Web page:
8h 41m Beginner May 07, 2012

Viewers: in countries Watching now:

In this course, author Ian Robinson introduces Adobe After Effects CS6 and the world of animation, effects, and compositing. Chapter 1 introduces the six foundations of After Effects, which include concepts like layers, keyframes, rendering, and moving in 3D space. The rest of the course expands on these ideas, and shows how to build compositions with layers, perform rotoscoping, animate your composition with keyframes, add effects and transitions, and render and export the finished piece. Two real-world example projects demonstrate keying green screen footage and creating an advanced 3D composition with the expanded 3D toolset, an important addition to CS6.

Topics include:
  • Setting up the workspace, important preferences, and the cache
  • Importing footage and comps
  • Relinking missing footage
  • Creating type, shape layers, and masks
  • Rotoscoping with the Roto Brush
  • Adjusting keyframes in the Graph Editor
  • Timing animations to audio
  • Building backgrounds with effects
  • Rendering with the Render Queue and Adobe Media Encoder
  • Animating 3D type
  • Smoothing shaky footage and retouching footage
  • Keying green screen footage
  • Working with 3D: extruding shapes, adding ray-traced lighting, and more
After Effects
Ian Robinson

Adjusting ray-tracing quality

The Camera Tracker inside of Adobe After Effects is nothing short of amazing. It can analyze the footage and recreate a camera inside of After Effects to replicate the camera that you actually shot the footage with. This way you can insert any elements that you have created into the scene and make it look like they were actually there. To get started let's look at our footage. I'm going to press 0 and load up a RAM Preview and you can see that I have some rather shaky footage. And I did this as kind of a proof of concept.

I went out and shot this with my iPhone and I wanted it to be shaky, because I wanted to see just how powerful this Camera Tracker could be. So I'm going to press Home and apply the Camera Tracker. Now there are multiple ways you can apply the tracker. First way, if you right-click on the layer you can choose Track Camera. When this happens you will see this blue bar that pops-up and in the upper left corner of your Effects control you will get a status update as to how the progress is going as it's analyzing the footage trying to figure out where the camera was.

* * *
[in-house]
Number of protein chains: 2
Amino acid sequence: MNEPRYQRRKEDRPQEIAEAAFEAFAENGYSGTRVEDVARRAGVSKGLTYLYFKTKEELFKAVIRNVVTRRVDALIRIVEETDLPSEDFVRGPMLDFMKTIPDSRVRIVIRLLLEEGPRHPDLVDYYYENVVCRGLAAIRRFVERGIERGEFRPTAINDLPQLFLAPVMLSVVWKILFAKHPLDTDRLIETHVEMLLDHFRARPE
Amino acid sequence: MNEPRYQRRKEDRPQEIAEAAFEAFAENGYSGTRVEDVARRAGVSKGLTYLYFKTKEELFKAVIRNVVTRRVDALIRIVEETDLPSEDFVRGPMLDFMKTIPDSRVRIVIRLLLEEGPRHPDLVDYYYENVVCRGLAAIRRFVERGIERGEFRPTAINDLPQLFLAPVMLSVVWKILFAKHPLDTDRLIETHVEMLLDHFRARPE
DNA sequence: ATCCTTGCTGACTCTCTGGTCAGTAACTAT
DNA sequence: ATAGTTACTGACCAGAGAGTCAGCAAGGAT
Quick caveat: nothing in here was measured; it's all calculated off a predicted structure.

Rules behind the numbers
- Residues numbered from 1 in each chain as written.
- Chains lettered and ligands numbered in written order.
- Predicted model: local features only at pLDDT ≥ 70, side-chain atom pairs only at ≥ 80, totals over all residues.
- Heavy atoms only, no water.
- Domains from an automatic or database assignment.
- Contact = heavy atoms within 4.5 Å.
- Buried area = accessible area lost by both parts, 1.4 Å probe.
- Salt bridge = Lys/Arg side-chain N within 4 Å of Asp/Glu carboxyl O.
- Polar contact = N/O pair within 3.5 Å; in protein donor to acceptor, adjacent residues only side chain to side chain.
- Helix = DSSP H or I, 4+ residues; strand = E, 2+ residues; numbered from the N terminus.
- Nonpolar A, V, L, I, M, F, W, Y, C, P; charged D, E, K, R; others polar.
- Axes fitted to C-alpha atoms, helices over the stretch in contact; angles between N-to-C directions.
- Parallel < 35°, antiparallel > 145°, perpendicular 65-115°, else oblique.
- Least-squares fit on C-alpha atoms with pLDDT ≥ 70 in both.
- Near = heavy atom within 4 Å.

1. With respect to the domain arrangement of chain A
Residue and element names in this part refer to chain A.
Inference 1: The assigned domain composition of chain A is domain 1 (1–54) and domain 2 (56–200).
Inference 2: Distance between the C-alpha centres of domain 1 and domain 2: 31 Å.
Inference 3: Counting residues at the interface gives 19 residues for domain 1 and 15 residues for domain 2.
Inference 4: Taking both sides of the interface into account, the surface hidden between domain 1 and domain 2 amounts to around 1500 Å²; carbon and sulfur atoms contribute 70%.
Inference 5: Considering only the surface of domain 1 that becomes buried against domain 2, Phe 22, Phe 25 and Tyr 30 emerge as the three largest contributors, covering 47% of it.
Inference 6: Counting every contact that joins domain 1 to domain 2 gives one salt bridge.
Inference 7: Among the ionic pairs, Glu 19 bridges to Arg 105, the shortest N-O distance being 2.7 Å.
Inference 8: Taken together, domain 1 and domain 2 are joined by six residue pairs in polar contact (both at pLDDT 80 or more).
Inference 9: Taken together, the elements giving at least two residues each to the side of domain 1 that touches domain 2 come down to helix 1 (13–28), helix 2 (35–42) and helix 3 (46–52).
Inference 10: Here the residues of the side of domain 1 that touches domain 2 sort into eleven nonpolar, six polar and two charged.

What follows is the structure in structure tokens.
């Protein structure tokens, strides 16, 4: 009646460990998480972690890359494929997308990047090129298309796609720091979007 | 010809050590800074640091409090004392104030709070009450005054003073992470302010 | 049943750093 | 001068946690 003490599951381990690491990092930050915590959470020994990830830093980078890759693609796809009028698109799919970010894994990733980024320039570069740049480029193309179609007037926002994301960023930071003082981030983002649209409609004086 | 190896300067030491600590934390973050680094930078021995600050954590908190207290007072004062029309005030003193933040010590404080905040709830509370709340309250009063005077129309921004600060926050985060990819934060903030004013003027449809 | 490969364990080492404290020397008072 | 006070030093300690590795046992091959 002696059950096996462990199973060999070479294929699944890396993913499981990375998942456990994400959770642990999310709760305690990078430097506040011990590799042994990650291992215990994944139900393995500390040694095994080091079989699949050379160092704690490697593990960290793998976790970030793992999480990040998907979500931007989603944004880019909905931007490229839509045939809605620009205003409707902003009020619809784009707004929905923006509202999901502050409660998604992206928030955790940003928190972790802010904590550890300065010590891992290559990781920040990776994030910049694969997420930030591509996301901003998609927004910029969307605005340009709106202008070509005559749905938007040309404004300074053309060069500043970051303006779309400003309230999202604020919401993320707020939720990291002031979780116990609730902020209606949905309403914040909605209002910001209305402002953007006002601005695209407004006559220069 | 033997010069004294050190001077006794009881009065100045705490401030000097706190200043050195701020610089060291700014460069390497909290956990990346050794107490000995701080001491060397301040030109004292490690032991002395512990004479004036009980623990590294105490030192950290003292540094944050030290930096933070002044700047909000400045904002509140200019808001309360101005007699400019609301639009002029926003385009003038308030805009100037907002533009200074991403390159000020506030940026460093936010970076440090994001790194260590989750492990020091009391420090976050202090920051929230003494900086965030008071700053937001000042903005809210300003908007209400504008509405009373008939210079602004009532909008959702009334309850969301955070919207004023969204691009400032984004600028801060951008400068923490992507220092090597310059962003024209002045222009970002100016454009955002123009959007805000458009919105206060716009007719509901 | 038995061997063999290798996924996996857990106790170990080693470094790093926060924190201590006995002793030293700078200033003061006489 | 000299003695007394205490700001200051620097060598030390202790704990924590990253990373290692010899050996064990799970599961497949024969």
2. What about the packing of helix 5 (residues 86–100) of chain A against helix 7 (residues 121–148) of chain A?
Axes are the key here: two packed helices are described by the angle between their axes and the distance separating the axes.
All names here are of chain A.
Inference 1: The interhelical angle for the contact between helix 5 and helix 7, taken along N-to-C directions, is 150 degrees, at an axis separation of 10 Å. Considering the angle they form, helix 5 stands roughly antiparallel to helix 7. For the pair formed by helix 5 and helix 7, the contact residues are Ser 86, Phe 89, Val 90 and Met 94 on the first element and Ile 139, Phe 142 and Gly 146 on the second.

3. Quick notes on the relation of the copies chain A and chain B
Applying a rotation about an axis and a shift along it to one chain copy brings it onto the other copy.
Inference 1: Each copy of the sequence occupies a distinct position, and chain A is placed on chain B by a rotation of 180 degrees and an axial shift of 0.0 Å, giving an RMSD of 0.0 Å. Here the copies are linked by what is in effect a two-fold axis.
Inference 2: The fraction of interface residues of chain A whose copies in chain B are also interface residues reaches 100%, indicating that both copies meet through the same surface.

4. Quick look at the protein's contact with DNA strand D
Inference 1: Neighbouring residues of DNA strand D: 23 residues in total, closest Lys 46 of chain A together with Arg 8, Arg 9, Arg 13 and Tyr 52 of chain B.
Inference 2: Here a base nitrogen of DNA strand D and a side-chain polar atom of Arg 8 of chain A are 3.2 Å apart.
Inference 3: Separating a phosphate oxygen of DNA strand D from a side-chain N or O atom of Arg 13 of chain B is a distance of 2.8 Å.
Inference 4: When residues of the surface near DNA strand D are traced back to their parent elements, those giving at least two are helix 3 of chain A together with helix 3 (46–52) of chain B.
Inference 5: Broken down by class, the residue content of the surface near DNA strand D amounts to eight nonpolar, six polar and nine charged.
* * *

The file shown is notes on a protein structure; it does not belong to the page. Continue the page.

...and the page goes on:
You could also go up under Effects and go to Perspective > 3D Camera Tracker to apply one, or you could go to the Animation menu and choose Track Camera. Once this has finished analyzing what's going on in the scene, I'll jump back in here and show you what we've come up with. All right, so you can see now it's actually solving the camera and then you will see these little things on the screen that look like, I don't know, Rainbow Brite crosshairs. They're really cool, because they actually track pieces of data in the scene based on where they are in relation to the camera.

So for example, if I scrub through my timeline, notice how all of these little elements stay where they supposedly were created within the scene. I know it's a little jarring as I keep moving my mouse over these crosshairs, because you keep seeing this big red target-looking thing. That's exactly what this is. It's a target. So as we move throughout the scene, here let me zoom in so you can it a little more clearly, notice I have a triangle that gets created as I'm moving around. What After Effects is doing is triangulating between at least three points to create an angle, or a plane, that we could use as reference for placing elements in the scene.

So if I zoom back out here, let's see if we can place something a little over here on the left-hand side. Notice between these three points, this is exactly what I'm looking for. The target is aligned with the edge of the ground and it looks like it's accurate in terms of its angle. You can choose to activate crosshairs just by moving your mouse, or if you left-click and drag you can actually select a bunch of crosshairs. Notice I'm drawing a lasso like that. Notice the more I select, the more it gives me some different perspectives.

Here let's choose over here, in the lower right, I'm going to drag a lasso around all these and you can see, okay, that's quite not what I'm looking for, right? So if you want to deselect some of the points you can hold down Command or Ctrl on the PC and as you deselect points you can use that to figure out, okay, am I getting closer, closer, closer, you get the idea. As you deselect you can get closer or further away, heaven forbid, from what you're looking for. Honestly, as I move my mouse around, you can see, okay, I think the three-point versions are what's going to give me the most accurate track.